Strathmore to feature 'Emergence: The Cicada Serenade'
May 12, 2004
Chris Williams
Staff Writer

Olivier Douliery/The Gazette

Composer David Kane, at home with his 2-year-old daughter Celeste is working on a classical piece to "serenade" the 17-year cicadas as part of the Strathmore summer outdoor concert series. "Emergence: The Cicada Serenade" will premier July 29 at Strathmore.

David Kane has written weird stuff before.

As a composer for National Geographic's "Taboo," which he describes as "a highfalutin 'Fear Factor,'" Kane has scored episodes featuring people around the world who do unique things with their bodies. The June 14 episode, for example, introduces audiences to the Lizardman, "who has green skin, tattooed scales, horny eyebrow implants and a forked tongue."

"I think I'm getting a reputation of being the guy you go to when you have a bizarre music commission," Kane said. "Recently I did a piece for bassoon, piano and didgeridoo."

But his next project is something new: Mood music for the cicadas.

"I've had commissions before," Kane said, "but not one to incorporate the sound of bugs."

The Strathmore Hall Arts Center commissioned Kane to compose a new work, tentatively titled "Emergence: The Cicada Serenade," as part of Strathmore's free outdoor summer concert series. Kane's five to eight-minute piece will debut at the July 29 concert along with two other insect-inspired works, including Benjamin Britten's "Two Insect Pieces" and Rimsky-Korsakov's "Flight of the Bumblebee."

"So it's kind of a little joke," Kane said. "We're playing music to serenade the cicadas, so they can find a mate and have a nice romantic evening."

Kane, 49, is currently at work on the piece in his backyard studio at his home in Silver Spring, where he lives with his wife, Cynthia, and 23-month-old daughter Celeste. The trees just outside his door should be crawling with inspiration any day now. The challenge in writing the piece, he said, is to not do anything too imitative of the bugs.

"I downloaded a bunch of their songs," Kane said. "To be honest, they don't really lend themselves to a musical treatment. You're talking about this mass aggregate of sound created by thousands of insects. I mean, how do you reproduce that with a couple of instruments?"

The performance will feature a small chamber group, including violin, cello, French horn, clarinet, piano and synthesizer.

College Park percussionist Tom Jones will also play a major role, Kane said.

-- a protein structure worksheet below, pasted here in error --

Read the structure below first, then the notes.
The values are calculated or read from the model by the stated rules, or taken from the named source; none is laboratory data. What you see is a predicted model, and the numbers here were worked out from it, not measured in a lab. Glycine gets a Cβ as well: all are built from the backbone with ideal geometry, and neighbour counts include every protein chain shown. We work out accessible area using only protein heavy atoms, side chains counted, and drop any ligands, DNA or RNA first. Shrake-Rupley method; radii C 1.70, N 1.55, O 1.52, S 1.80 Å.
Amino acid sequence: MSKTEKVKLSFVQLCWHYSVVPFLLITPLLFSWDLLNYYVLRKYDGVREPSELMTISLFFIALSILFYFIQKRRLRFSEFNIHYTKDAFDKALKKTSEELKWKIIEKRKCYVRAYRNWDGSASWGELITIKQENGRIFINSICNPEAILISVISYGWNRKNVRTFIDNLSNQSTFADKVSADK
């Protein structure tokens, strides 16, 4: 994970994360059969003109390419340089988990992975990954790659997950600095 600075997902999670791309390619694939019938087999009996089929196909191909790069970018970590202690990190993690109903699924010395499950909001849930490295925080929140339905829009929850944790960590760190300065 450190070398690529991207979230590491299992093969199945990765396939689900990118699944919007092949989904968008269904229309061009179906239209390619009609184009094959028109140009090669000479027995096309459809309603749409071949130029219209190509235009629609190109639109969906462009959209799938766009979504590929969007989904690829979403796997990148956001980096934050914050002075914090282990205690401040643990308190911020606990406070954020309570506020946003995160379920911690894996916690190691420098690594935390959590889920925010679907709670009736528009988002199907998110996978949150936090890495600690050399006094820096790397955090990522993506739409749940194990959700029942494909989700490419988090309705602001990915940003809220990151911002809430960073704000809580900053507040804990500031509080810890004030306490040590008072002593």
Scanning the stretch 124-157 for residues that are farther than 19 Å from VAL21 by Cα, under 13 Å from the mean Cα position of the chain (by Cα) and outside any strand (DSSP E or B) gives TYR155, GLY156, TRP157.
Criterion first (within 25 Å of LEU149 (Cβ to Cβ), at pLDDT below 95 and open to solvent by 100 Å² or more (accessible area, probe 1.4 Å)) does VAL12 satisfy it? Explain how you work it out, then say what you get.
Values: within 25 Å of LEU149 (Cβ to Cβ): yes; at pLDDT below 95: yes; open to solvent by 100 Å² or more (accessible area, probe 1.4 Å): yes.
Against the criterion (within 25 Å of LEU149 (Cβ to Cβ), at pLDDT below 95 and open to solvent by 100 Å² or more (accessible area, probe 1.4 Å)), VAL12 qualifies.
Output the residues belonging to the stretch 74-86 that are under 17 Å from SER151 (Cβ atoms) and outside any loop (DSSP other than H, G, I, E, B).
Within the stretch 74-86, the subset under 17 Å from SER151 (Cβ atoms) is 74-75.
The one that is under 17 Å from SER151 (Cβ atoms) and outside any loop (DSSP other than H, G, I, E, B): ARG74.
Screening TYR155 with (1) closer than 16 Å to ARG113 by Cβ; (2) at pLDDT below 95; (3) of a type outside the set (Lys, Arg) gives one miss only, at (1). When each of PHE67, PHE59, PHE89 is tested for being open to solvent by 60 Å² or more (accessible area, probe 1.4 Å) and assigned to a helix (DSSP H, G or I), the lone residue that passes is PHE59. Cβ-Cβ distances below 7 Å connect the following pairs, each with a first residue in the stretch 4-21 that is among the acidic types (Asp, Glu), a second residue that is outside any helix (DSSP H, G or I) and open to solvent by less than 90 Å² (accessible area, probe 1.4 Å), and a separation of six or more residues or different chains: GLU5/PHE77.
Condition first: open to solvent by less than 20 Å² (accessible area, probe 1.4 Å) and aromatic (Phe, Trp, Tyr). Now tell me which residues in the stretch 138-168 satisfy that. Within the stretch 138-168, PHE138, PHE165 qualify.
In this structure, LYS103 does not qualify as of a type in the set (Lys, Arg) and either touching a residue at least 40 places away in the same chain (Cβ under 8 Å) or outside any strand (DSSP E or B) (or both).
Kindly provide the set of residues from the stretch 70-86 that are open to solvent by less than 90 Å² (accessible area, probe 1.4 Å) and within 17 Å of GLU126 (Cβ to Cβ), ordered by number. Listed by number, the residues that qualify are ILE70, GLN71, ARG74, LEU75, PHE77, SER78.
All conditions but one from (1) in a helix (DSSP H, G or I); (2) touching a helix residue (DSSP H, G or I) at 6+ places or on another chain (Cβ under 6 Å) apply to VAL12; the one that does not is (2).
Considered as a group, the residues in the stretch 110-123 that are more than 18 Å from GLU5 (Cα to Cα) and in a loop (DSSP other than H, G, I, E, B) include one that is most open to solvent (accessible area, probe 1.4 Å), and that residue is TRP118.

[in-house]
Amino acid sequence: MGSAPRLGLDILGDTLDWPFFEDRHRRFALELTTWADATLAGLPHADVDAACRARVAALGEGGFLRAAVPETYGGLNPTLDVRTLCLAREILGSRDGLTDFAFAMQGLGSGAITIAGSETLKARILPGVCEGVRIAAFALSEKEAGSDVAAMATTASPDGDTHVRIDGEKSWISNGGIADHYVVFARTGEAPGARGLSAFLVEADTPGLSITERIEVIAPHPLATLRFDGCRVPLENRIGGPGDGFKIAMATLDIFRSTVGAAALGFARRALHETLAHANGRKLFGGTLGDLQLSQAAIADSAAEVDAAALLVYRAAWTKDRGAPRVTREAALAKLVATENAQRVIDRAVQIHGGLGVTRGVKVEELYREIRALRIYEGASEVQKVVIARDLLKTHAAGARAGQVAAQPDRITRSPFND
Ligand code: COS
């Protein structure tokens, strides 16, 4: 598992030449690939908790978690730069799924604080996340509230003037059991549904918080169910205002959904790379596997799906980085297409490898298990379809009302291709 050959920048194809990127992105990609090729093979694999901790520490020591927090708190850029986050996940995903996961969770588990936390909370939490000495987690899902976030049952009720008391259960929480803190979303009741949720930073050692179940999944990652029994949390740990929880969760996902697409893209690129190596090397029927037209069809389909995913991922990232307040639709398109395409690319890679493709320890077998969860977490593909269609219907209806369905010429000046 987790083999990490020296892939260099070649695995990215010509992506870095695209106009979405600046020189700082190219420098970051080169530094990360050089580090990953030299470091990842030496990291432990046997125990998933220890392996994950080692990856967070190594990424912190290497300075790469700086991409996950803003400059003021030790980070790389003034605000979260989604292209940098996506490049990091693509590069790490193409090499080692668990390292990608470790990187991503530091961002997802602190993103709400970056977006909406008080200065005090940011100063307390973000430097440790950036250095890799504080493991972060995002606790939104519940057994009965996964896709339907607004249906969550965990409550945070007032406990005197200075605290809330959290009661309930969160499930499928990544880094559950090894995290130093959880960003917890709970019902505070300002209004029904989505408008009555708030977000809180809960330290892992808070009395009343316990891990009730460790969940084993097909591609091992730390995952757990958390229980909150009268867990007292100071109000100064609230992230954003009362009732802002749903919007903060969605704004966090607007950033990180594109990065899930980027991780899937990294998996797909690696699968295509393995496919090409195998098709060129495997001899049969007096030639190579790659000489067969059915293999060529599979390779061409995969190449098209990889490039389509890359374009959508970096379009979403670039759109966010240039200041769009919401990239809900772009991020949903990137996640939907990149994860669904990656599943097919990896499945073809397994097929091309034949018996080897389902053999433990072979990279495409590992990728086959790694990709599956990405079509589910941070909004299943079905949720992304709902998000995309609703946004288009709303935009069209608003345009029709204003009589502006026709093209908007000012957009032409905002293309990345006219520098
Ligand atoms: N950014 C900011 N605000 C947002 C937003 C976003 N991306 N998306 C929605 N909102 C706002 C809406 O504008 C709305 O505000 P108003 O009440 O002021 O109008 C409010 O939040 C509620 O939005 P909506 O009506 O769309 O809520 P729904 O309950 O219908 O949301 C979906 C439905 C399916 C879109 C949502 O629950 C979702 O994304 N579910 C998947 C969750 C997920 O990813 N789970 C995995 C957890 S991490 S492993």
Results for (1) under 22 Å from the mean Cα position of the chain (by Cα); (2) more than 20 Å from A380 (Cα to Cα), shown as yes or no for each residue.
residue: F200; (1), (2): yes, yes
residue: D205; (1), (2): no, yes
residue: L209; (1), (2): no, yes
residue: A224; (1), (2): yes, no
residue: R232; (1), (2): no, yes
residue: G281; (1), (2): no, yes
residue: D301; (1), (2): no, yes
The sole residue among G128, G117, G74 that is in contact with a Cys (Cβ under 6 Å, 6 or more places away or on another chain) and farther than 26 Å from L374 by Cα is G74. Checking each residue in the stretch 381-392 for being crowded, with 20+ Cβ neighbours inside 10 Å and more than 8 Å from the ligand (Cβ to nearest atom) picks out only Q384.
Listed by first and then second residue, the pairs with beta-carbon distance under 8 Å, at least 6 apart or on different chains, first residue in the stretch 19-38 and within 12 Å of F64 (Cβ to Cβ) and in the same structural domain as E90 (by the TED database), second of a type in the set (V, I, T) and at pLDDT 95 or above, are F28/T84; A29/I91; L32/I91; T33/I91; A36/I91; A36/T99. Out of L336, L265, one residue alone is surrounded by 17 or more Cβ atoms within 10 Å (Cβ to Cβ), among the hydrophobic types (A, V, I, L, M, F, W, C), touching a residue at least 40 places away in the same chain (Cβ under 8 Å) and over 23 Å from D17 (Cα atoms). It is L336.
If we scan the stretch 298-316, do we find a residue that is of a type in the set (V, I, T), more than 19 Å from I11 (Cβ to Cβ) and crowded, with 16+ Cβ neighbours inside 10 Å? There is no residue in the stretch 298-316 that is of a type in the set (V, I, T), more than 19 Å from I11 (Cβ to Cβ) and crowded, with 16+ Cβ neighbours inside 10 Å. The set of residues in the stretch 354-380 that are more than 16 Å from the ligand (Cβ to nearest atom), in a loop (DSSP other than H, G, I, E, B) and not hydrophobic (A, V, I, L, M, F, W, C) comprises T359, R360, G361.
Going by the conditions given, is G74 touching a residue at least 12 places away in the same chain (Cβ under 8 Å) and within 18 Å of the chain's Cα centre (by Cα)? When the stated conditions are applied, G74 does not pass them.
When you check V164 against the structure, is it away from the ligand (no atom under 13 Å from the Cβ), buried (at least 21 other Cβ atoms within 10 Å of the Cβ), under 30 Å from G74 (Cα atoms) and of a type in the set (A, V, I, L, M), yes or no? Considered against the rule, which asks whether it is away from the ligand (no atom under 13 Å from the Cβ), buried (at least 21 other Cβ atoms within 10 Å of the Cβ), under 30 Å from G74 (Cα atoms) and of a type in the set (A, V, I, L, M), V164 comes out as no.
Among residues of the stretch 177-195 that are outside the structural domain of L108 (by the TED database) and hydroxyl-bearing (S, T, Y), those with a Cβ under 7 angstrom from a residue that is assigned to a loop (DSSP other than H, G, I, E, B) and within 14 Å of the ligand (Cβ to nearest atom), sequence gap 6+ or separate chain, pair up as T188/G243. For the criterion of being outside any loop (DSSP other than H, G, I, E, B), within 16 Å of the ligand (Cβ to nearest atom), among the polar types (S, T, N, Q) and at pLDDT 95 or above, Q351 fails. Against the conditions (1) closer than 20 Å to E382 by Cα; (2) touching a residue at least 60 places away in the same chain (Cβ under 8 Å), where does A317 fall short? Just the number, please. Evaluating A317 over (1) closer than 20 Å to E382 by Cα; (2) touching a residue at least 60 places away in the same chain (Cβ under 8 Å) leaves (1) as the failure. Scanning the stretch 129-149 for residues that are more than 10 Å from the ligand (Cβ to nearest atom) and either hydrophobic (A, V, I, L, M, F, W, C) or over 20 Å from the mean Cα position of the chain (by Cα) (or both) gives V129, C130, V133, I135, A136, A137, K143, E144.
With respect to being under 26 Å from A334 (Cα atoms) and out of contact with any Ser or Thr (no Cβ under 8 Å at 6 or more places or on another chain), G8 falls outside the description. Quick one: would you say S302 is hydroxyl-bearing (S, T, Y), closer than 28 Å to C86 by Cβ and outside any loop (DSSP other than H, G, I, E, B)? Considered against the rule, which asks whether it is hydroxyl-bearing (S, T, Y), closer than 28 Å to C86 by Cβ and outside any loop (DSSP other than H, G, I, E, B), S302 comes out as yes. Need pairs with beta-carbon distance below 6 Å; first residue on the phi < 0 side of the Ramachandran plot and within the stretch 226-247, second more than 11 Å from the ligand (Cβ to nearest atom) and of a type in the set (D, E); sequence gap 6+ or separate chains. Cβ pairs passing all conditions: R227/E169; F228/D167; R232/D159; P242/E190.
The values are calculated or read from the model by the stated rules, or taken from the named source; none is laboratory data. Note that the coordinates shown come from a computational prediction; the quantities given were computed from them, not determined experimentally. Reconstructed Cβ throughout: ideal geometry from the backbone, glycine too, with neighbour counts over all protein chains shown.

"He collects weird objects like VW brake drums, anything that makes an odd sound," Kane said. "He's got a whole basement full of this weird stuff I'll be able to incorporate into the piece."

The inclusion of synthesizers also adds to the unusual nature of the work, as it's an instrument normally shunned in classical music. Without the benefit of an entire orchestra, Kane said, synthesizers can help fill in the gaps serving as a kind of "poor man's orchestra." He's even created a sound on it reminiscent of the cicadas.

Though he has yet to put a single note on paper, much of Kane's writing goes on in his head.

"The longer it swirls around in my brain, the better it's going to be," he said. "I'm thinking about it constantly. By the time I actually get around to writing the score down, it'll be in an almost-finished state."

Kane attended his first classical symphony concert at the age of 6. After that, he started "hearing stuff," imagining orchestras in his head. He wrote his first song on the piano at age 8, a moody little tune called "Flight of the Russian Eagles."

"I was already into the pretentious titles back then," he said.

A tower of videotapes containing a season's worth of episodes Kane has scored for "Taboo" sits on a desk in his studio. He's written film music for National Geographic since 1981. With recent trends in television, where everything needs to be bigger, louder, more "extreme," Kane welcomes the chance to work on a classical piece. Strathmore commissioned the cicada piece for a couple thousand dollars, Kane said, though a sizeable portion of that will go to copying the music, an expensive and labor-intensive task.

The anticipation of the cicada's imminent arrival, the media buzz for which is likely to compete with the bugs themselves, has also had the unlikely effect of drawing attention to the world of classical music.

"It's nice to see classical music getting some sort of attention," Kane said, "even if it's for a bizarre reason such as the emergence of the cicada."

Now all he has to do is write the song. Fortunately for Kane he works well under pressure, but the Strathmore may bring in a tougher crowd than he expects.

"Apparently a busload of entomologists are going to come to this concert," Kane said. "I feel the most pressure from those guys, because what do I know about bugs?"